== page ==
Social action: Quality Education

The Socal action SDG4: Quality Education is a project by Emily Posner, an ESC volunteer in Brčko, Bosnia and Herzegovina, on the project RESOLVE: Volunteering for Peace, working in person with Svitac Bosnia and online with the Resolve: Network.

Over the coming months, this social action project will focus on quality education throughout the world. This will consist of a series of articles examining inequalities within specific countries, with a particular focus on those within the Balkans, the Middle East, the Caucasus, the UK, and North Africa.

Quality Education is the United Nation’s 4th sustainable development goal. They intend to “Ensure inclusive and equitable quality education and promote lifelong learning opportunities for all” due to the millions of young people worldwide who have no access to schooling or are facing overwhelming barriers forcing them to drop out or not achieve their full potential.

This topic of also of prime importance to Emily personally. For as long as she can remember she has wanted to work with vulnerable children in a tangible, meaningful way and she has spent time volunteering for GirlGuides and in a Lego therapy centre which furthered her interest in educational psychology, play therapy and social justice. After studying psychology at university and now volunteering abroad under the RESOLVE: Volunteering for Peace project, she feels she can gain experience and a better understanding for what life was like for children and their families from different backgrounds and communities and apply this to her social action project, allowing both herself and others to learn.

Article 1: “Two schools under one roof” – Understanding the impact of an educational divide for children in Bosnia and Herzegovina

Whilst the education system differs across Bosnia and Herzegovina, with some schools more integrated and others exclusively educating one ethnic group, a “two schools under one roof” approach was popularised within the primarily Bosniak and Croat populated Federation following the end of the war and the Dayton Peace Agreement in 1995. It was designed as a temporary solution to ethnic homogenisation, aiming to promote the return of refugees; yet this approach remained across 56 schools in 2020.

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Article 2: English as an Additional Language students in the UK

Throughout England there are approximately 1.6 million English as an Additional Language (EAL) students, accounting for over 15% of pupils. This number is growing substantially, heightening the need for inclusive educational reforms to combat the varying issues they are vulnerable to. Whilst the in-group deviation is significant, problems such as teacher labeling, insufficient resources and socio-cultural differences can limit the potential of these students. This can transpire into confidence issues and the feeling that using their mother tongue is ‘taboo’, leaving EAL pupils 20.7 months behind native speakers by the end of secondary school. Despite this, measures such as teacher training seminars appear to minimize these issues, allowing EAL students to fulfill their academic potential and have fair access to quality education.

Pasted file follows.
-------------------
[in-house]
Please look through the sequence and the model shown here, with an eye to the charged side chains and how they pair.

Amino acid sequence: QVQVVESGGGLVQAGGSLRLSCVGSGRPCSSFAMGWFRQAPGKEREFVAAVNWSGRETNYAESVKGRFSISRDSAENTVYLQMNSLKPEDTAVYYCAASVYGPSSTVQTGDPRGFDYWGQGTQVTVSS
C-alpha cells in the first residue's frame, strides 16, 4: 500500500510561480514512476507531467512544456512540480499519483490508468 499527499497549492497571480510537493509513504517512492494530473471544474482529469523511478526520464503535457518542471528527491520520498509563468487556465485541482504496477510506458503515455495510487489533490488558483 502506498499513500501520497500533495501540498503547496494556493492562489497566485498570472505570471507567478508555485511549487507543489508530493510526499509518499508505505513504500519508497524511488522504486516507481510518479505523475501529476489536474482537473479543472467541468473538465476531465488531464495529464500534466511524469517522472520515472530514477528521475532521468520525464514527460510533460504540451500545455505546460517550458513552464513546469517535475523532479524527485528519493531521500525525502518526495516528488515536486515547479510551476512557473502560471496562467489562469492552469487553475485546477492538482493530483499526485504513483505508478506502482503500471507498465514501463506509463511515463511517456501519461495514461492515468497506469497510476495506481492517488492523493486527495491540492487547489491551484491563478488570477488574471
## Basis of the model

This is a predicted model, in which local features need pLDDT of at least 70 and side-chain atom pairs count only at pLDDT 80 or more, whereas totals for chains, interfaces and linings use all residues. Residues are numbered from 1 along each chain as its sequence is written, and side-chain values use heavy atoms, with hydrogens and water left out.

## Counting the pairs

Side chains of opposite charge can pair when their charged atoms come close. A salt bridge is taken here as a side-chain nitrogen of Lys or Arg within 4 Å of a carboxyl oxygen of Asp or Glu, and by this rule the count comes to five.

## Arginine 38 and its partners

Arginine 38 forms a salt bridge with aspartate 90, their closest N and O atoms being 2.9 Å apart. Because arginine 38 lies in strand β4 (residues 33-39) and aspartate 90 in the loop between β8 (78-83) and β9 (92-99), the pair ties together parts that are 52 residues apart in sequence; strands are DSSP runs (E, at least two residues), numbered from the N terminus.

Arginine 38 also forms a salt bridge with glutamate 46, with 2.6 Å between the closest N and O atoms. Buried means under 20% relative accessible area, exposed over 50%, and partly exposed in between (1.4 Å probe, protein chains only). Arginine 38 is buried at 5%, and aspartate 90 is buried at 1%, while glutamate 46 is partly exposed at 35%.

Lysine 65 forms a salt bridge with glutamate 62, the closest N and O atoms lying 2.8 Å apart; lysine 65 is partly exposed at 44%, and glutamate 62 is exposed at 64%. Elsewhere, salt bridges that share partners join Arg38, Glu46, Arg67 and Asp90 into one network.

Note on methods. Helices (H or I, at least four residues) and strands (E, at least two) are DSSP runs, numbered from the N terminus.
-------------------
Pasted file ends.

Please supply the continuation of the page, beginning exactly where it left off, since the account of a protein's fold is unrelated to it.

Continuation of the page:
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Article 3: War and the exacerbation of gender education inequalities in Syria

Globally, 250 million children are living in armed conflict. The effects of this are immeasurable and overarching, with the destruction of their homes and psychological trauma. Consequences on education are often overlooked despite them being innumerable, with 1 in 4 out of school, partially due to 1/3 of school buildings being damaged or destroyed and families fleeing. Within Syria, this is exemplified by the destruction of the only girl’s intermediary school within a community in 2016, leaving female students without any access to education. Less direct factors also exacerbate gender inequalities, leading to increases in patriarchal policies and child marriage, penalising girls’ education more so.

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Article 4: Armenia: An issue of disability inclusivity in education

Internationally, disability inclusivity within education is a prominent issue. Armenia exemplifies this, with children with physical disabilities or special educational needs often excluded due to social, economic, and political complexities. There is hope for change, but increased resources and awareness are vital.

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Published by Asfar in London, UK - ISSN 2055-7957 (Online)